tipsBinding Financial Agreements can cover all of the property of the parties, or you may choose to deal with selected assets only. That is, your agreement can specify what happens to all assets owned prior to, during or after the relationship or you may only want to deal with what happens to a single asset or a class of assets.

An example of how a selected asset can be protected by the Financial Agreement.

Ken and Barbie have been happily married for 6 months and they intend to stay happy and married.

Ken is concerned about his family farm and it is causing friction within the relationship. Ken’s great grandparents settled the family property in the late 1800’s, and it has sentimental value for Ken and his siblings, who are also shareholders in the family property. If Ken and Barbie were to separate it could potentially threaten the ownership of the farm and cause a rift in the family.

Ken and Barbie decide that in the event of Kens death or their relationship breaking down, that Barbie will not make claim in relation to Kens share of the family farm.

However Ken also has other assets including investment properties and a successful business. In this case he is only looking to quarantine the family farm (a selected asset) from any future litigation.

When Ken and Barbie draft their financial agreement, Ken completes his assets and liabilities statement which only contains the details regarding Ken’s entitlement in the family farm. The agreement may also contain a clause covering how the farm should be treated in the event of death or separation.

As Barbie does not have any assets that she feels a need to protect, she would waive completing the Assets and Liabilities statement Schedule B for her self.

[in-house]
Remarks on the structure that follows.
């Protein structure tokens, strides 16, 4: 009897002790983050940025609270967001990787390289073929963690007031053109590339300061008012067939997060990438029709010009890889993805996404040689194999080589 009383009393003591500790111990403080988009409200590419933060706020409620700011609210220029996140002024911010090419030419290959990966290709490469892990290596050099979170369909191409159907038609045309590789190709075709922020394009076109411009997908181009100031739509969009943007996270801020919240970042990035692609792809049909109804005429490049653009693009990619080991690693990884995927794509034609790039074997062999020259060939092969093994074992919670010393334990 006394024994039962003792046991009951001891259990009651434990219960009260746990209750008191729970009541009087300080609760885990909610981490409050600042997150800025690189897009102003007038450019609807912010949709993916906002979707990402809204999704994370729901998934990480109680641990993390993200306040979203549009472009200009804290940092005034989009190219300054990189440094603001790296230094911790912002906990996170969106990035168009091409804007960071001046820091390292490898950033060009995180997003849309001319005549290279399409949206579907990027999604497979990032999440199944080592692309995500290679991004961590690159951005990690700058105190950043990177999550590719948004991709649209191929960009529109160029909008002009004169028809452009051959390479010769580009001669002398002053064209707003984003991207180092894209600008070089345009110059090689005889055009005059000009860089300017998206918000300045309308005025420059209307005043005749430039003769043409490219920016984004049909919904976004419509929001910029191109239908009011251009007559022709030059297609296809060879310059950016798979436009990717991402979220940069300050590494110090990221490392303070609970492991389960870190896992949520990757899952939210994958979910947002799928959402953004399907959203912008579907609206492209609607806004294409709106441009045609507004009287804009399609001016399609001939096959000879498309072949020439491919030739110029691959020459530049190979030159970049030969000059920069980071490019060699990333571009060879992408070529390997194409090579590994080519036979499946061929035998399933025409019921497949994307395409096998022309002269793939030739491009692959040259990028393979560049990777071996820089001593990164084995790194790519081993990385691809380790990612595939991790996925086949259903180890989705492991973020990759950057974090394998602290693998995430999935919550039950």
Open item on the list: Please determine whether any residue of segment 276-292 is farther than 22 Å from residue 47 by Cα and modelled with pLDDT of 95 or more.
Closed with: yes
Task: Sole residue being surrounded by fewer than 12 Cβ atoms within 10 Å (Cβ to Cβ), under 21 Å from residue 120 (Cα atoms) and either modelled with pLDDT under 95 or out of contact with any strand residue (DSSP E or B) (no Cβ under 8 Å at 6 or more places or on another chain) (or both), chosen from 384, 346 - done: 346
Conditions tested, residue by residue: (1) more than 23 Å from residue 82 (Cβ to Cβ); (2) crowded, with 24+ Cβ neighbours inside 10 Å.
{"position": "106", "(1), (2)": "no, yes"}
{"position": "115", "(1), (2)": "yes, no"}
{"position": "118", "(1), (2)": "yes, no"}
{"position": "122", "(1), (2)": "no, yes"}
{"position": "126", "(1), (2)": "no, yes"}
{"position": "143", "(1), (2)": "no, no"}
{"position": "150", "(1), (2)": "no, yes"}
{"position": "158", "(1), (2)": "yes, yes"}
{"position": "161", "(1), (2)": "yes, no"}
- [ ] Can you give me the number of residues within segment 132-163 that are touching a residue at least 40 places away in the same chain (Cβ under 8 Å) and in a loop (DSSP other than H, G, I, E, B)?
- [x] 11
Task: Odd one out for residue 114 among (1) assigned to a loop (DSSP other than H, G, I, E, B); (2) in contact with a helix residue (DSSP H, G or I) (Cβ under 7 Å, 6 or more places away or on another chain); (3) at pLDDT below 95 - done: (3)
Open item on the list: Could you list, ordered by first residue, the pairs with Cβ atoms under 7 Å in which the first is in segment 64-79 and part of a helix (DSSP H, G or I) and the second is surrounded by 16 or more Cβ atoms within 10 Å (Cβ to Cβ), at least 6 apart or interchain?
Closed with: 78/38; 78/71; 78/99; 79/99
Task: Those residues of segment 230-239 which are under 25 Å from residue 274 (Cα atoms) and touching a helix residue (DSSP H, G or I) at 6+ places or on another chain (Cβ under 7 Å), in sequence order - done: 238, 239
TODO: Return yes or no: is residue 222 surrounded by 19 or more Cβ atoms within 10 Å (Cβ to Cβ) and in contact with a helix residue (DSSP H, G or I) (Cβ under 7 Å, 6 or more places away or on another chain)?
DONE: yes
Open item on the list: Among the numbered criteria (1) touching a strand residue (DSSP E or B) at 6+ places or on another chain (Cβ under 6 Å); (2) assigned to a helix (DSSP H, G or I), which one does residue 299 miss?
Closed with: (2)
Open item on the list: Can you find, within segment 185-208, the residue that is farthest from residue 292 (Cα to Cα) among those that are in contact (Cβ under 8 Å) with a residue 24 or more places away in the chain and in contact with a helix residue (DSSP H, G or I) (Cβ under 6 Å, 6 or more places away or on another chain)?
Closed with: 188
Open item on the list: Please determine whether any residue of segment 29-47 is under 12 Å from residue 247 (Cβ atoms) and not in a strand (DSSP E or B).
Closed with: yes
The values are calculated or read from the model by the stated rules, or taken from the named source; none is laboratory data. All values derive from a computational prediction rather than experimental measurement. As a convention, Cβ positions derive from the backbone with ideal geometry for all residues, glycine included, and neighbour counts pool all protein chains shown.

Ken and Barbie detail the assets that they declare to be joint assets and liabilities in Schedule C.

This means that the family farm will not form part of the asset pool available for division in the event that their marriage breaks down. The Agreement will prohibit Barbie from making a claim in relation to Ken’s Family Farm Assets.

Issues not dealt with may be addressed at another time.

In short any assets or liabilities you choose not to include or deal with at the time of creating your Financial Agreement are left open to be dealt with at any other time.

For instance if Ken and Barbie make no mention of maintenance for Barbie in their agreement today then the door is left open for Barbie to apply to the court for orders to be made in relation to her maintenance by Ken at another time should the need arise.


hintAs you go through the process of drafting your financial agreement, you will see that you need to provide an Assets and Liabilities Statement.

An Assets and Liabilities statement is a snapshot of your financial health and allows you to calculate your net worth at a given moment in time. In this case at the time of drafting your agreement.

You and your partner must determine the value of everything you own and the amount of debts you owe. Your net worth is just your total assets (what you own) less your total liabilities (what you owe).

If the assets and liabilities statement sounds familiar, that’s probably because you’ve already made one. Many of us have prepared a personal financial statement for some other purpose for example, when applying for a mortgage or other loan.